The discussion and debate around Louisa Wall's Marriage Equality Bill has caused quite a stir in the 'Pacific Community'. For those of you who haven't seen the discussion pop up (the Olympics distraction and what not) here is a very short summary of the basics; thanks to friend and lawyer Reece Autagavaia who tells us:
" The legal implications of the bill will mean same-sex couples can have civil marriages, or religious marriages if the celebrant accepts to conduct the ceremony. No celebrants will be forced to conduct marriages against their belief. One of the moral implications, as many Christians will argue, is the fundamental changing of the definition of marriage, which is meant for a man and a woman."
I did not want do get into the entire debate. I understand this is an important issue, but I honestly feel that in the context of things, there are just as many more important issues (potentially even more so) that currently hinder this society from progression, that require just as much discussion, impetus and input from all peoples of this country. The Economy, Education, Health, Welfare, Housing, poverty, these are all very pressing issues which require the urgent attention of everyone in this country if we are going to create the kind of society we all want for future generations.
I am only now just speaking out about this, because I'm worried that a lot of people take for granted the fluidity and diversity of our communities, and make a whole series of judgments on a few assumptions, or on the view of the few. I'm all for freedom of speech/thought, but I am also for the freedom of ensuring that what you speak and think is well researched, critically considered, and throughly thought out first.
People talk about the Pacific community like we're one big homogenous group. Most times, its a deficit lens approach. We beat our children up. We fail in school. We commit crime. And other times it's positive (borderline patronizing), we're all really talented, we can all sing and dance, we all play rugby, and we're all Evangelical Christians who share the same views. Having said that, there are many things that unite us. Our cultural values, we share mutual goals, have similar aspirations, but have very different ways/understandings/views and beliefs in terms of how we should go about achieving this. One only needs to look at the constant struggle of SOME (key word some) parents accepting the idea, that their child is not pursuing the life that they had ever so carefully planned out. It happens a lot in our community. It could be a child's choice of education, occupation, or, as in this case, love interest.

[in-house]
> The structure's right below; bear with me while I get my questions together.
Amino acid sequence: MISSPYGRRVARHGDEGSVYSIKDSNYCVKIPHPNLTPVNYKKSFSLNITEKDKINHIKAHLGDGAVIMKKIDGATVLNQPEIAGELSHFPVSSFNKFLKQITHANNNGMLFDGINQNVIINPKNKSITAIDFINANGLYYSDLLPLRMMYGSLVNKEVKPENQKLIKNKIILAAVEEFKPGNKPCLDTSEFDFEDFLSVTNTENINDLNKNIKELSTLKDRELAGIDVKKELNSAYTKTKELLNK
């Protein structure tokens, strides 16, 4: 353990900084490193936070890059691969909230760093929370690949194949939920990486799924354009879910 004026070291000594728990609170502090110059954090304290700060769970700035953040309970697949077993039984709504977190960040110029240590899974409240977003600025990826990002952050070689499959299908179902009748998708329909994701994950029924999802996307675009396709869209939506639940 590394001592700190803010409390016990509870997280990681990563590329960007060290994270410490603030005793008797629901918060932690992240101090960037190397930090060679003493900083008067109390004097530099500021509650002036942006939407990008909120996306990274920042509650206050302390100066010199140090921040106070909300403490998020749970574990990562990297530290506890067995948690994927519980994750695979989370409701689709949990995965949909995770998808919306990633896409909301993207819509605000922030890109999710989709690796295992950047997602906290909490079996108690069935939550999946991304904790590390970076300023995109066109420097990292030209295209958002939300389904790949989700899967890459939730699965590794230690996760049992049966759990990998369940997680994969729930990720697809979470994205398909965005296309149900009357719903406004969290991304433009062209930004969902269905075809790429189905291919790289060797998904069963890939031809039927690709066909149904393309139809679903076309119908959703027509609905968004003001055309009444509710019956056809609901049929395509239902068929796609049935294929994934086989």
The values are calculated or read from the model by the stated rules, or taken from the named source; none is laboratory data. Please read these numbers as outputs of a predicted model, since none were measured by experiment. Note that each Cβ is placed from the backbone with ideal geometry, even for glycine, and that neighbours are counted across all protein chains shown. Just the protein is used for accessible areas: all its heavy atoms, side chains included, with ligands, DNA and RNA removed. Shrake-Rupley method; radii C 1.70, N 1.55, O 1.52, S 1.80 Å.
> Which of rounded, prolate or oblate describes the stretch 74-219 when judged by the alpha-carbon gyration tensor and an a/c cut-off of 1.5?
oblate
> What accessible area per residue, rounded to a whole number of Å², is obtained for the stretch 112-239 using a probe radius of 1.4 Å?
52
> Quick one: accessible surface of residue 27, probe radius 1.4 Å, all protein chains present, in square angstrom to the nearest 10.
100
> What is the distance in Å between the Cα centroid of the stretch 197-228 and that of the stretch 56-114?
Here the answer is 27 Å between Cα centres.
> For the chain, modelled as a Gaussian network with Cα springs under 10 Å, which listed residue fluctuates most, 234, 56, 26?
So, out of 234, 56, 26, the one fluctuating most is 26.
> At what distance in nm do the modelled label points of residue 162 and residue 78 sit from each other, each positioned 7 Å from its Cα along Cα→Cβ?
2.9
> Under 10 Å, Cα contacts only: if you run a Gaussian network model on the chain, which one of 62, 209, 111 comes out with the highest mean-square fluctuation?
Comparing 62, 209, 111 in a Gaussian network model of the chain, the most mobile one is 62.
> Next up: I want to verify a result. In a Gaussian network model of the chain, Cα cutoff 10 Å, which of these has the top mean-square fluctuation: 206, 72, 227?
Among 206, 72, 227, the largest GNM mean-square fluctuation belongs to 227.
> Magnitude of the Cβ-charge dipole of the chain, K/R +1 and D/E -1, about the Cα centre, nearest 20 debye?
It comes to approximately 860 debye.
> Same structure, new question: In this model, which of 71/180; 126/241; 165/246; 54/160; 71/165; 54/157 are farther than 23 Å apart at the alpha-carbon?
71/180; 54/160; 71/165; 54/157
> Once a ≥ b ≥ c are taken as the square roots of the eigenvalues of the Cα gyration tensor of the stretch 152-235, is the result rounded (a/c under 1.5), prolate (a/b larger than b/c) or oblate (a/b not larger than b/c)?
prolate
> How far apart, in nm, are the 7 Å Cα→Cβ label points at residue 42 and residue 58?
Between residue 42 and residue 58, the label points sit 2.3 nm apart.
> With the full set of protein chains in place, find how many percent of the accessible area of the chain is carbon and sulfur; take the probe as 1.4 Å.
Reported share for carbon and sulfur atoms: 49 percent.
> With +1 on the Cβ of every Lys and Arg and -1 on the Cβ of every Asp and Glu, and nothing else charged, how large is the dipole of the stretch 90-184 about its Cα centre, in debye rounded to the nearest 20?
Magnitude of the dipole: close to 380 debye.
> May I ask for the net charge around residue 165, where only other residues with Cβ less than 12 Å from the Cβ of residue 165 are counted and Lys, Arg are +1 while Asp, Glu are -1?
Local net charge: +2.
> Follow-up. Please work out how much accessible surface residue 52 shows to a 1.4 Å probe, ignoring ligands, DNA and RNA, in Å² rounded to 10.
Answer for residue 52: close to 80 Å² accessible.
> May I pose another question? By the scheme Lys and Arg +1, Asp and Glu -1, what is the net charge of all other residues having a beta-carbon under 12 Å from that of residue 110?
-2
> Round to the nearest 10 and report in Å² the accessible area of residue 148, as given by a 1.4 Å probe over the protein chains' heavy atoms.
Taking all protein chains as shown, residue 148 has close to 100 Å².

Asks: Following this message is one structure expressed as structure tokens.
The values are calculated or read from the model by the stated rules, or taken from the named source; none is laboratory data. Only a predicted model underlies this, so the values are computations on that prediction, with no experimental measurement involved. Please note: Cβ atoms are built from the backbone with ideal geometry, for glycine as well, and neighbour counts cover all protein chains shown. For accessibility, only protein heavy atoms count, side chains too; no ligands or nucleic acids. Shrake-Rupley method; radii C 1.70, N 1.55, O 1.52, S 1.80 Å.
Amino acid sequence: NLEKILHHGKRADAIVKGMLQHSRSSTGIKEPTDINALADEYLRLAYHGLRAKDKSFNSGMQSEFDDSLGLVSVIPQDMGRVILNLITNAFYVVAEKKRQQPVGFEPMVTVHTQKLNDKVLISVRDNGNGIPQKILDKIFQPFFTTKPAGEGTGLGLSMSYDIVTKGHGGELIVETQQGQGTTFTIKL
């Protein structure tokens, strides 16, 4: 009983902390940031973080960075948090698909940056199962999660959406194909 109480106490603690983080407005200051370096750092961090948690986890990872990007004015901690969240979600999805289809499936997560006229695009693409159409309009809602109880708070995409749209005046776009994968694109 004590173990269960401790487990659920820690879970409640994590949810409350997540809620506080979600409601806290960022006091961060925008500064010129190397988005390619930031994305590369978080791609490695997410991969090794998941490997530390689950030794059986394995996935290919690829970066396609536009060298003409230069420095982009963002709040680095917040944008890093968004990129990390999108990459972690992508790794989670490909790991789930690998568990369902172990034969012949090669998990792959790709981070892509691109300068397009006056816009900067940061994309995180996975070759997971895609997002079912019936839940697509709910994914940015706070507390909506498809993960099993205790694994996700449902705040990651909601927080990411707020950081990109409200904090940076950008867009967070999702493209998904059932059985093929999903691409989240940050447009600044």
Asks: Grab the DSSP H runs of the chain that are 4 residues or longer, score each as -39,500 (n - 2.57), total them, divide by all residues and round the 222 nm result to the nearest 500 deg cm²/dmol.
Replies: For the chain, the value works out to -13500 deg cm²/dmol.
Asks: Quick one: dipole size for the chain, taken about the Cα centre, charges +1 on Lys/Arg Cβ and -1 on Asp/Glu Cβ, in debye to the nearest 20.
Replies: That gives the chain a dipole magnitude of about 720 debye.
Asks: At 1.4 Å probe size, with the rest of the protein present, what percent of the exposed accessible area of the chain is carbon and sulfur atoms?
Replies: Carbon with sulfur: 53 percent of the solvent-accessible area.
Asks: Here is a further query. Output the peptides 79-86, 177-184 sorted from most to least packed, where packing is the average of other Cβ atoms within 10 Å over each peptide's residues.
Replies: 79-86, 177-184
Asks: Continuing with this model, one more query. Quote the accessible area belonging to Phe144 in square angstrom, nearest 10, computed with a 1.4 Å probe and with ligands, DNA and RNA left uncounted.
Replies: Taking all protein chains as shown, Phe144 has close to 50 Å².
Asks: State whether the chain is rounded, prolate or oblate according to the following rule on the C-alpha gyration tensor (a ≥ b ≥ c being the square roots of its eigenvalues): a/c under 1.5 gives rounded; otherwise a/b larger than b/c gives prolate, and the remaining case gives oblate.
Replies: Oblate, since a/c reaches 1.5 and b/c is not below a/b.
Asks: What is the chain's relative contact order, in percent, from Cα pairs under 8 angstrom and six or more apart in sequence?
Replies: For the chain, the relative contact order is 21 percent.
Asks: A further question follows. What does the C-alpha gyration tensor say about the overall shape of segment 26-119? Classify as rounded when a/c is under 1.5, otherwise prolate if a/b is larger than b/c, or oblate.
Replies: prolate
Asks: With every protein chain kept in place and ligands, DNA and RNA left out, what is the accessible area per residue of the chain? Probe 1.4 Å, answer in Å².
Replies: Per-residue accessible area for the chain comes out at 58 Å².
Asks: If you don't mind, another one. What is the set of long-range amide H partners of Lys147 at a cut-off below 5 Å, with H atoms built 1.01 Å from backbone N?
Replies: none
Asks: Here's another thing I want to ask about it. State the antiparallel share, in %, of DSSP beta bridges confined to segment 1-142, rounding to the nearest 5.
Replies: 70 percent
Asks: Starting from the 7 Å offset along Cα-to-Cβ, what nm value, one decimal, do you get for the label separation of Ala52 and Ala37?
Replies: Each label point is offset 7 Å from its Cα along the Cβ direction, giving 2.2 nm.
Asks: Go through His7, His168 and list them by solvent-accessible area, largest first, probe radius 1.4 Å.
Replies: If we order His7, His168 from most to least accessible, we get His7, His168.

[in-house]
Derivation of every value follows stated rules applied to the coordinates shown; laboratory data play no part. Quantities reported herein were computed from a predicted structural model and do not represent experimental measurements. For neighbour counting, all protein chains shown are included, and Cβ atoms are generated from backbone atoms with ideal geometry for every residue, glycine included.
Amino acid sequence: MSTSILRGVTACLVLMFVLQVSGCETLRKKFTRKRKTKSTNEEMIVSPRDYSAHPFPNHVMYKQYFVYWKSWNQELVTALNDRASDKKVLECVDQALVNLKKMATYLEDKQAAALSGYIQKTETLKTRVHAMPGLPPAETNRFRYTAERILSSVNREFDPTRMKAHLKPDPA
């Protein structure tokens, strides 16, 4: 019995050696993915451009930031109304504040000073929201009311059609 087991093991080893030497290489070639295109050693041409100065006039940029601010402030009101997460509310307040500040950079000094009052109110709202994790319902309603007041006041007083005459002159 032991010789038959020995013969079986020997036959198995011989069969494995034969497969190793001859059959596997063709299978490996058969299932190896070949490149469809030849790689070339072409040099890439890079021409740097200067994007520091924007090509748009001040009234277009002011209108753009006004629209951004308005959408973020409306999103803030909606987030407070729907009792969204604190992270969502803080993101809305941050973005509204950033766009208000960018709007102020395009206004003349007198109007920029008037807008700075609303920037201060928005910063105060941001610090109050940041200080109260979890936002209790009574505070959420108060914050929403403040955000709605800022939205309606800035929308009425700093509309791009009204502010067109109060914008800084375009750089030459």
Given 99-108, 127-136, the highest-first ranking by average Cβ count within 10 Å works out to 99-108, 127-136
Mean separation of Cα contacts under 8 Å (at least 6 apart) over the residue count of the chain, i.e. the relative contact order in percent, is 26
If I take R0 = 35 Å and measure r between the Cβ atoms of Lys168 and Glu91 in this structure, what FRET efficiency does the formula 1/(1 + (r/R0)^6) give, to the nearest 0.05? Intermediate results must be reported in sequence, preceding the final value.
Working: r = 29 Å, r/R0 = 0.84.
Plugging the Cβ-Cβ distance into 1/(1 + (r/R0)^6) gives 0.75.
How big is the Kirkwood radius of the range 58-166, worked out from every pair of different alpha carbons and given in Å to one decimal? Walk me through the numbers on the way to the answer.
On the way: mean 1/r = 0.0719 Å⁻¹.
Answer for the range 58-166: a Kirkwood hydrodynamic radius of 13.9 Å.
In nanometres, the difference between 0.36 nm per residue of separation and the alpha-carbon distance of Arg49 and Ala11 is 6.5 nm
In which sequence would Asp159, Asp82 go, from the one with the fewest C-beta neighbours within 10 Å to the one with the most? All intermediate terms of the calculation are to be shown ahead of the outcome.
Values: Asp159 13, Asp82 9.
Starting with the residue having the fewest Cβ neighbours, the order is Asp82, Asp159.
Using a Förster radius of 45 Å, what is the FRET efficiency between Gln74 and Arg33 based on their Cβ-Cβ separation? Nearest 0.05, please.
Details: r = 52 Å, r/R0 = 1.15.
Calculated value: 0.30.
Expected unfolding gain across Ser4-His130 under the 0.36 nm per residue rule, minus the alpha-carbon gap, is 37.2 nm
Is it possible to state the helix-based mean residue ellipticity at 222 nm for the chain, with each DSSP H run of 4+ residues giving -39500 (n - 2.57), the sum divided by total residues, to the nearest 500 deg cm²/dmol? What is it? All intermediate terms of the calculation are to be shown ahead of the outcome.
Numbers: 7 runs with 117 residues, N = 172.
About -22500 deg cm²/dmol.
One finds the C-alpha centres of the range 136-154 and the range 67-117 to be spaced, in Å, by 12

Our Pacific community is diverse in itself, made up of men, women, elders, church goers, non religious people, boys, girls, fa'afafine/fakaleiti, youth, lawyers, doctors, teachers, artists, single mothers, solo parents, the sick, the disabled, the unemployed and the list can go on and on.
Labour MP Sua William Sio last night, wrote a status on his Face Book page that he would not be voting on the Bill because he represents the conservative view of the Mangere Electorate, and that this could potentially hurt the community and cost him and the Labour party the next election (see here). He was rather straight forward with his position, and wanted to make it clear, rationale and all, so people understood where he was coming from. I found his position a tiny bit odd, mostly about the reference to representing the views of the entire Mangere Electorate. I say a bit odd considering there were no surveys in my mailbox asking me what I or others thought about the issue. His stance does make sense though. I think about the large amount of community work he has to do, the Church Leaders and Elders he keeps in contact with, and serves. In fact he referenced it was the concerns of this particular section (the conservatives) of the Mangere Electorate which has lead him to not support the Bill. They are entitled to their views and I respect that. Having grown up as a Samoan around the Church, such views are embedded and entrenched within you. Interestingly, his opening statements however, indicate that personally he has nothing against it.